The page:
Early 2016, Jenifer Alaroker was transferred to Lapuda primary school located in Paicho Sub County in Gulu district.
However, aside from teaching, she wasn’t prepared for the heavy load that lay ahead though she quickly adapted and fitted in.
“I was excited to be transferred but on reaching the school, I found many children with nodding disease syndrome in almost all the classes,” she narrates.
Alaroker remembers that these children would get seizures frequently.
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Thankfully, the majority of the pupils have improved after they were started on drugs and supplements.
“It would get worse if they took a long time to eat. This disease and hunger are incompatible. When they get seizures, they become wild and just after a few minutes, they start falling; one after the other. There is no way a teacher can continue teaching because at this point the class gets distracted,” she shares.
Alaroker is quick to add that in such circumstances, teachers have to embark on helping the children.
When asked how the male teachers manage to help the female pupils, Alaroker highlights that female teachers are always on standby to help those pupils and besides, teachers work as a team.
“We start by removing furniture from where the pupil has fallen and create for them space to roll and fold,” she says.
Afterwards, they hold them so that they don’t injure themselves. It takes some time for them to normalize.
Elsewhere, when the pupils are out playing, the teachers and prefects keep an eye on them.
They ensure to protect them from hazards that can hurt them.
“We ensure they are away from things that can hurt them like stones, water and fire,” Alaroker explains, adding that, “If a pupil falls in a drum of water when no adult is around to help them, it becomes difficult to save their life.”
Usually, when the children get seizures, they wander off since they are not in their right state of mind. They therefore need care all the time.
According to Alaroker, these children are rarely happy like their counterparts. After they get the nodding disease, they become sad, weak and withdrawn.
Fortunately, when they start treatment and supplements, they get better.
“Those who get drugs, nutrition supplements and rehabilitation services improve greatly,” she elaborates.
“They grew up well, put on weight and their cognitive functions improved,” she emphasizes.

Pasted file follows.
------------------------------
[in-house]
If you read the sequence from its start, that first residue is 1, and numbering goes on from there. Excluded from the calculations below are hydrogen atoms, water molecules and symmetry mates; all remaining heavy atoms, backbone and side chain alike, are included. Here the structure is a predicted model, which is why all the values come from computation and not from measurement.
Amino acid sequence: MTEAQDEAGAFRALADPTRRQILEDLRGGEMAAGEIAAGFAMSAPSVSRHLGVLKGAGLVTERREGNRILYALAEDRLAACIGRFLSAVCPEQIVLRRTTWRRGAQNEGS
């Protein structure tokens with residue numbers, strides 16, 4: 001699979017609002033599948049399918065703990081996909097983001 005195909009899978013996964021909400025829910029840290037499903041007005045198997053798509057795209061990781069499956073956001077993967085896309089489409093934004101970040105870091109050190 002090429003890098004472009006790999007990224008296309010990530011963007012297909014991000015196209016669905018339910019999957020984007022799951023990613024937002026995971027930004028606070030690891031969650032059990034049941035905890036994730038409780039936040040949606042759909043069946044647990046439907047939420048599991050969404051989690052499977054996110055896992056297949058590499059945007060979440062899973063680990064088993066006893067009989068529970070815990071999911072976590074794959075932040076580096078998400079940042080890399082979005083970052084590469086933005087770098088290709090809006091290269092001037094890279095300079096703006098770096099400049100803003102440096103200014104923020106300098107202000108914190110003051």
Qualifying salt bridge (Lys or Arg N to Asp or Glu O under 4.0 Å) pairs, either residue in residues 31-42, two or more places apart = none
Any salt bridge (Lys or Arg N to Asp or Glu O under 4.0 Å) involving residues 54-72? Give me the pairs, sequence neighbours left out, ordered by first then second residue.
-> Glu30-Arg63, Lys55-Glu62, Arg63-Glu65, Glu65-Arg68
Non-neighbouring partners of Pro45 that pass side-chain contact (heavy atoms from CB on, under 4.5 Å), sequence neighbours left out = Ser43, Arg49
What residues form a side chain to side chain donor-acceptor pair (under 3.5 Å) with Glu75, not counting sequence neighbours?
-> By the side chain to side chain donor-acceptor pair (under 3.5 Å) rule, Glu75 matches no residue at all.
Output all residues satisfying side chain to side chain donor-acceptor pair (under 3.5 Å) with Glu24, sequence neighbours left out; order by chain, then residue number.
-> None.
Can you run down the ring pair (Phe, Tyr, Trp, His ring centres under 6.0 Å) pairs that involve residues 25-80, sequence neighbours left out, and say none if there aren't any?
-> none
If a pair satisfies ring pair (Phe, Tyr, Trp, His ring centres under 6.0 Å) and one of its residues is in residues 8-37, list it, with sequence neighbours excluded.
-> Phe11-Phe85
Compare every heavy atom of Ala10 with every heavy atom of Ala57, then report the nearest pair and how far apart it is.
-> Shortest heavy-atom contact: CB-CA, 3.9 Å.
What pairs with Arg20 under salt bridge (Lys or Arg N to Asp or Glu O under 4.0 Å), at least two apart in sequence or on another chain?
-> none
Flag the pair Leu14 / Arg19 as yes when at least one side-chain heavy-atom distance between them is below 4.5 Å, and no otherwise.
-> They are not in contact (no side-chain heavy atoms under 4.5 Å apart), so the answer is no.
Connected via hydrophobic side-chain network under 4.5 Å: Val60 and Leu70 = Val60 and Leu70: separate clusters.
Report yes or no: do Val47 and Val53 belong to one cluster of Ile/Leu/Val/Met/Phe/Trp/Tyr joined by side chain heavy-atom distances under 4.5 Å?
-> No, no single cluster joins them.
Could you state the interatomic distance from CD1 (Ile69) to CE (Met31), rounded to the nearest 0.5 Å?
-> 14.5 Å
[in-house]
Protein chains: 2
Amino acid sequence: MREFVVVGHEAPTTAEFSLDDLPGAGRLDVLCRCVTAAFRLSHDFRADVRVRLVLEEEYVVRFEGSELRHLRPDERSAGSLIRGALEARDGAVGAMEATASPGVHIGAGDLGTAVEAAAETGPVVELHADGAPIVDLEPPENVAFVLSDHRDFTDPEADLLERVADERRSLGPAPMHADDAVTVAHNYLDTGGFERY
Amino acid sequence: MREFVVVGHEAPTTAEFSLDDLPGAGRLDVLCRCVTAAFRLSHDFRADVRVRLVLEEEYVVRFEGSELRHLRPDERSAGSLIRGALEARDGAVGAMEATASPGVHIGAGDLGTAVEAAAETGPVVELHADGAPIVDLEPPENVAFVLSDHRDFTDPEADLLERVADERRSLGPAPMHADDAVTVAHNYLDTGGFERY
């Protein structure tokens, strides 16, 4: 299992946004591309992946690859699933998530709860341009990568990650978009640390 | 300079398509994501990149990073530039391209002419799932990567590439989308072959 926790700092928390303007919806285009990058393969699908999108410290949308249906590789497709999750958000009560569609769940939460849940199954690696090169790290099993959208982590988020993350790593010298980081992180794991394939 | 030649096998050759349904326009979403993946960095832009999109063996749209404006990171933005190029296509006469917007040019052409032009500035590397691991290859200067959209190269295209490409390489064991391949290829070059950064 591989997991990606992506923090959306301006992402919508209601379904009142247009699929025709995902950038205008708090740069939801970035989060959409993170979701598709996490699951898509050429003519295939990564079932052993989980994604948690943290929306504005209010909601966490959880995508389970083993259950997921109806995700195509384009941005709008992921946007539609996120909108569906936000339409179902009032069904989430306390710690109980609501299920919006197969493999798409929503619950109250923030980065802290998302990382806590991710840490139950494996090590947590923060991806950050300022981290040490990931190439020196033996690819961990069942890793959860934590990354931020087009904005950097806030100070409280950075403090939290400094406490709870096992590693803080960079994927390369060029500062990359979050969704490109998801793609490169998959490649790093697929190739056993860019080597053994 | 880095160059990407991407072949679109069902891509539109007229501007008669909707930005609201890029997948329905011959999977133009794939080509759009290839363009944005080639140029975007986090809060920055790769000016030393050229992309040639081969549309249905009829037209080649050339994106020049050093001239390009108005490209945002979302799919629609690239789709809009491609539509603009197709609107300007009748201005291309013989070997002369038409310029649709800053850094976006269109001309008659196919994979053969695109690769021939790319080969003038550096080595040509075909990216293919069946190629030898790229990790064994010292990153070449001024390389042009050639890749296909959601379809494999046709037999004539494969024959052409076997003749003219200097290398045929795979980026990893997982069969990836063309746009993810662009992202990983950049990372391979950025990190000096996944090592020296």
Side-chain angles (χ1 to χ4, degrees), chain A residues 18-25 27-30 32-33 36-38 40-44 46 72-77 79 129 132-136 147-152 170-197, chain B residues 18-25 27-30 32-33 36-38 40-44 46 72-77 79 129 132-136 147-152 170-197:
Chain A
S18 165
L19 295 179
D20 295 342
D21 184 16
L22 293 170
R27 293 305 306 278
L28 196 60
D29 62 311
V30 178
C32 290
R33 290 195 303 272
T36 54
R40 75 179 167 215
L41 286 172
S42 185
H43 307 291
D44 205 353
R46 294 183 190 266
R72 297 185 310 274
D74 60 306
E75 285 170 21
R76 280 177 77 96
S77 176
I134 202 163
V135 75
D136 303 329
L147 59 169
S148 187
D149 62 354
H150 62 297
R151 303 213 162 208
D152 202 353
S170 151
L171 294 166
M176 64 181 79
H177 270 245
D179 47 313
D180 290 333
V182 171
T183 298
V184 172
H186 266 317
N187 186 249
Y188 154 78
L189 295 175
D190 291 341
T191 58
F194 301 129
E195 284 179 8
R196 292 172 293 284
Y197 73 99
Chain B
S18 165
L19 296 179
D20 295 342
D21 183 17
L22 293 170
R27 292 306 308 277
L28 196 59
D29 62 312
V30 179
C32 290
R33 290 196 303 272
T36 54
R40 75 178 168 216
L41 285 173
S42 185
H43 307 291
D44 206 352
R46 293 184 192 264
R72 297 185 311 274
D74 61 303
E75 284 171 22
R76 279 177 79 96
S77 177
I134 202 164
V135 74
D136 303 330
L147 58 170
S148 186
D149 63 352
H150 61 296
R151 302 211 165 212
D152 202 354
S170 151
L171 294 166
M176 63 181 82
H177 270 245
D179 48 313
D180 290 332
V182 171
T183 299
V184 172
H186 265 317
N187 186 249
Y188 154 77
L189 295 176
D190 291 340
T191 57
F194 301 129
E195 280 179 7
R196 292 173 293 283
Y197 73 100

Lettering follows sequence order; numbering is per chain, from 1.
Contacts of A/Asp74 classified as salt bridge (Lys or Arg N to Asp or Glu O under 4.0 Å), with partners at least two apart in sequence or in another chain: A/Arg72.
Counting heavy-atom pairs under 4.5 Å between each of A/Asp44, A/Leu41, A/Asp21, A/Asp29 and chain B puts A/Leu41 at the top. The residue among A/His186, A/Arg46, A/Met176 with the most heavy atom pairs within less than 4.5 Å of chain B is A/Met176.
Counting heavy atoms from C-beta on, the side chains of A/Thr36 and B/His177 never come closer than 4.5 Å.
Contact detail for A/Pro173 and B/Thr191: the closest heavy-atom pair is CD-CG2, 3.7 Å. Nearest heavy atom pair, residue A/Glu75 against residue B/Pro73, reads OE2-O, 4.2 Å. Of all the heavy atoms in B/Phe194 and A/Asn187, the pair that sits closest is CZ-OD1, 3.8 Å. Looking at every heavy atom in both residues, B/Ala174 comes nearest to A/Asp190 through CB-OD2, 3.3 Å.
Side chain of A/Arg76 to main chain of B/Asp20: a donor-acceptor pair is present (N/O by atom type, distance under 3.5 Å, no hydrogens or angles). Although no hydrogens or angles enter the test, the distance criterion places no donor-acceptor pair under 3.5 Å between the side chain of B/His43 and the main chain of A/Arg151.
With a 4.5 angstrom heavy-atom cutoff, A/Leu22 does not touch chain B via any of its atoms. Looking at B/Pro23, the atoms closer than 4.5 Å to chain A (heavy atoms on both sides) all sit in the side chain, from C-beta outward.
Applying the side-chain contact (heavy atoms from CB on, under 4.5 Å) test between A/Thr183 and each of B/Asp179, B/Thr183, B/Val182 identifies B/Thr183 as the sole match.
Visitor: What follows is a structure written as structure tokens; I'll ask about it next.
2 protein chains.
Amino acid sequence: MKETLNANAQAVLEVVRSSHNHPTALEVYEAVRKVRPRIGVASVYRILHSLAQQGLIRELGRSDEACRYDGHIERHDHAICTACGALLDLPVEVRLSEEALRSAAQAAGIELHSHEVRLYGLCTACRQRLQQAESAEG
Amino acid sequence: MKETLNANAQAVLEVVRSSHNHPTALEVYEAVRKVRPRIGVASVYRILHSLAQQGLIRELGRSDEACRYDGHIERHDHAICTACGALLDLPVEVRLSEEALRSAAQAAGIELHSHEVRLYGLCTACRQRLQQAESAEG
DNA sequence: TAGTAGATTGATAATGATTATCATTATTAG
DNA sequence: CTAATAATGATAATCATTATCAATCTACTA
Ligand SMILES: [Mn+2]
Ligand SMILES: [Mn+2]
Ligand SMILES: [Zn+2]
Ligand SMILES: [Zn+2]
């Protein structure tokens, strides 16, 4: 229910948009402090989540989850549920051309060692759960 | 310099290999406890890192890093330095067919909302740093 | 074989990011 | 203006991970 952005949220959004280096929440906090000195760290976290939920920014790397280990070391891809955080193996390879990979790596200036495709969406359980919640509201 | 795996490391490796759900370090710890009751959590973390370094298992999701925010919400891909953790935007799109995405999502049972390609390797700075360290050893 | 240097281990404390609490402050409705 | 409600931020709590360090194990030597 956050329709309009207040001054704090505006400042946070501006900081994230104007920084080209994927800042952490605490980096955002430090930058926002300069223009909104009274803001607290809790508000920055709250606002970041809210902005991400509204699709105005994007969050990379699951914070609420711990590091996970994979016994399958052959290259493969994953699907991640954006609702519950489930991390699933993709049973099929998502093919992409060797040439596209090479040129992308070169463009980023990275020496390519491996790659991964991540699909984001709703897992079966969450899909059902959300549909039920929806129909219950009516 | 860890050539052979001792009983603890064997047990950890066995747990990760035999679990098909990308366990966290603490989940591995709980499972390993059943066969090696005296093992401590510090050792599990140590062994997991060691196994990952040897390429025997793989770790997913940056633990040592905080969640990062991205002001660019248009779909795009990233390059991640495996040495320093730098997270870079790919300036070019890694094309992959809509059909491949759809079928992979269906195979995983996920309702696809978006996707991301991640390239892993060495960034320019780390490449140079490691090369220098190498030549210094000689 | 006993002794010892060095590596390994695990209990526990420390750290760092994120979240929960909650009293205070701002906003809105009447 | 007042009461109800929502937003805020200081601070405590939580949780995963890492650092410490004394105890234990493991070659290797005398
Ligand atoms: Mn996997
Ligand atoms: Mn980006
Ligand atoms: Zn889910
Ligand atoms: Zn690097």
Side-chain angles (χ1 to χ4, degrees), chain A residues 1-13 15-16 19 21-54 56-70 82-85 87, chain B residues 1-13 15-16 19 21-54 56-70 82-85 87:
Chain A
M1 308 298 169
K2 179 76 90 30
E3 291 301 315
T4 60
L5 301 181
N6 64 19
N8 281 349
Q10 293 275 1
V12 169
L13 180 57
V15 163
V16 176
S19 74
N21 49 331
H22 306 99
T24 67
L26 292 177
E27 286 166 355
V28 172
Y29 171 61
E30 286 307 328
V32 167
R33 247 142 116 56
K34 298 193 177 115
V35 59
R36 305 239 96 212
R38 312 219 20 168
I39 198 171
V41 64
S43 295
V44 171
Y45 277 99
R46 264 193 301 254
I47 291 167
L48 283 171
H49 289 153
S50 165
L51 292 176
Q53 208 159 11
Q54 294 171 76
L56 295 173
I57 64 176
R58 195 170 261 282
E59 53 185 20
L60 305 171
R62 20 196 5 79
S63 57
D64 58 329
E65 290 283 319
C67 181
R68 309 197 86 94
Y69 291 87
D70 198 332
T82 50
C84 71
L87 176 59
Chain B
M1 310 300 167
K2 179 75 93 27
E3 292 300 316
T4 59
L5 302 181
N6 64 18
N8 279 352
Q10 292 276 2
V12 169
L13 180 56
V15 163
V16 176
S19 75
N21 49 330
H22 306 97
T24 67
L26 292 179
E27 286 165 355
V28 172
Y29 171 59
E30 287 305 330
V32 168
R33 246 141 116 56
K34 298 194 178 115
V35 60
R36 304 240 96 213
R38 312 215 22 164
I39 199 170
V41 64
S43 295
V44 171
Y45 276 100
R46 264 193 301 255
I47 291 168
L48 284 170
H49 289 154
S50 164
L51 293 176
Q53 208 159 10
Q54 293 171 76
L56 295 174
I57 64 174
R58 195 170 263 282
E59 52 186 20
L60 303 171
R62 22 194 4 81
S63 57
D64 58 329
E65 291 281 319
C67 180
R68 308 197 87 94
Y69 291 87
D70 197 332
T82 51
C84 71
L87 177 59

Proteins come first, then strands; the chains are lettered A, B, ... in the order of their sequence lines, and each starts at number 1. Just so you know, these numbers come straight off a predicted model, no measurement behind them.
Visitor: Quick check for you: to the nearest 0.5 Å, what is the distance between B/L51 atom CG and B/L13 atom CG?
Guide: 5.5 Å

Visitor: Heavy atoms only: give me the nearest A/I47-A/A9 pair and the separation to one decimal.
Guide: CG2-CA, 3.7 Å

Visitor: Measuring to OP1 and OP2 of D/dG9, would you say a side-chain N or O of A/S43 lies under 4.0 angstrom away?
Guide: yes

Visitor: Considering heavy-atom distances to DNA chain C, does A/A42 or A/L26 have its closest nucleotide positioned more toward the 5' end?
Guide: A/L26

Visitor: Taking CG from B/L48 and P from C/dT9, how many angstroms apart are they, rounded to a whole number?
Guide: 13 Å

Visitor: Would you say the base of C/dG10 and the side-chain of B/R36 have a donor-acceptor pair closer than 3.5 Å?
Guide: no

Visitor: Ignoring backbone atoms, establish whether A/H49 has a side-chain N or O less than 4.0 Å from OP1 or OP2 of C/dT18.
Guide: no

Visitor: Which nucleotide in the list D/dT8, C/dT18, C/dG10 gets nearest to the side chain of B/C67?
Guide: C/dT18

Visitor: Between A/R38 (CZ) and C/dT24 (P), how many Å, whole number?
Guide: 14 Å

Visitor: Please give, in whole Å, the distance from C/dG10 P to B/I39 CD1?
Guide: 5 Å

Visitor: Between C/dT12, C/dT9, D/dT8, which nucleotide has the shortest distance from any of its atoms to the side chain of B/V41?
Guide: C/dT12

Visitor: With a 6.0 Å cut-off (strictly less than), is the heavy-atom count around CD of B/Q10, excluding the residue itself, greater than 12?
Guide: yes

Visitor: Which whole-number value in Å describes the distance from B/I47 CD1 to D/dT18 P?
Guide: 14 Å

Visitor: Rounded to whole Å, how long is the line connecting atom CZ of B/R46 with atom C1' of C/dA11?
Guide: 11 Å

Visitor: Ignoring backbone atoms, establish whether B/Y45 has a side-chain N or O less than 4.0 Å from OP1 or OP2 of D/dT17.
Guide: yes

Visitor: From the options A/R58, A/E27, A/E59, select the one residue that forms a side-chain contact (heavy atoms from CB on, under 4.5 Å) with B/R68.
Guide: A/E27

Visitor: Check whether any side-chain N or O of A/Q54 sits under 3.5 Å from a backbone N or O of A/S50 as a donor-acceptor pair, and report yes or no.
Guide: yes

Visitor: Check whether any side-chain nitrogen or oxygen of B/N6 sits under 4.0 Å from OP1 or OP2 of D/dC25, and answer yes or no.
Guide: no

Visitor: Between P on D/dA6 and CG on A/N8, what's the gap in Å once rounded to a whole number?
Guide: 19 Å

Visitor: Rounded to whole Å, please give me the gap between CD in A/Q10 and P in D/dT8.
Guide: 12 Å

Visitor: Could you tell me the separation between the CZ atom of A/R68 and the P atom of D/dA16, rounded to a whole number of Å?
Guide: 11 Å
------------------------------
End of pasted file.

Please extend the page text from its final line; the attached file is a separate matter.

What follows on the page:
Before Covid 19 lockdown, Alaroker says, the school used to prepare meals for pupils but they would ensure the food is prepared and served far away from the children.
They would secure them from fire and hot food. And also, the teachers would keep the pupils away from the borehole because even if it is a small pool of water and they fell in it, they can’t survive.
From 2016-2019, Alaroker reports that the school lost more than five pupils. These died of accidents from their homes. They got seizures while drawing water from the well and drowned.
Meanwhile, at school, once the teachers see the signs such as the pupil becoming wild, they quickly give them attention all while talking to them.
“Sometimes when you calm them, they don’t get the attacks,” she says.
The teachers also caution other pupils and peers of the sick pupils against being rude to them. They discourage them from playing rough games as well.
“In class, we cater for individual needs. We keep it at the back of our minds that among our pupils there are slow learners,” Alaroker explains. She adds that they handle them in a special way to keep them interested in education because the majority lose interest and drop out of school.
They also encourage them to concentrate on their studies and avoid beating or uttering words that demean them but instead counsel them and if they come late or miss school, the teachers talk to the parents to find out why.
“We thank government for availing the children with supplements through the National Medical Stores,” she applauds
“They always tell us when they are going to pick the medicine and supplements from the health center,” Alaroker says.
She further says because of proper management of supplements at school, the children’s lives have been saved.
“It is vital that school leaders ensure transparency in the management of these critical and life-saving supplements. When children miss the supplements, their health deteriorates and they get frequent seizures, compelling their parents to keep them at home and in the long run, some have ended up dropping out of school,” says Alaroker.
When they are on constant medication, they are active, healthy and participate in class. They also try to be close to others though they lag behind since their brains are weak.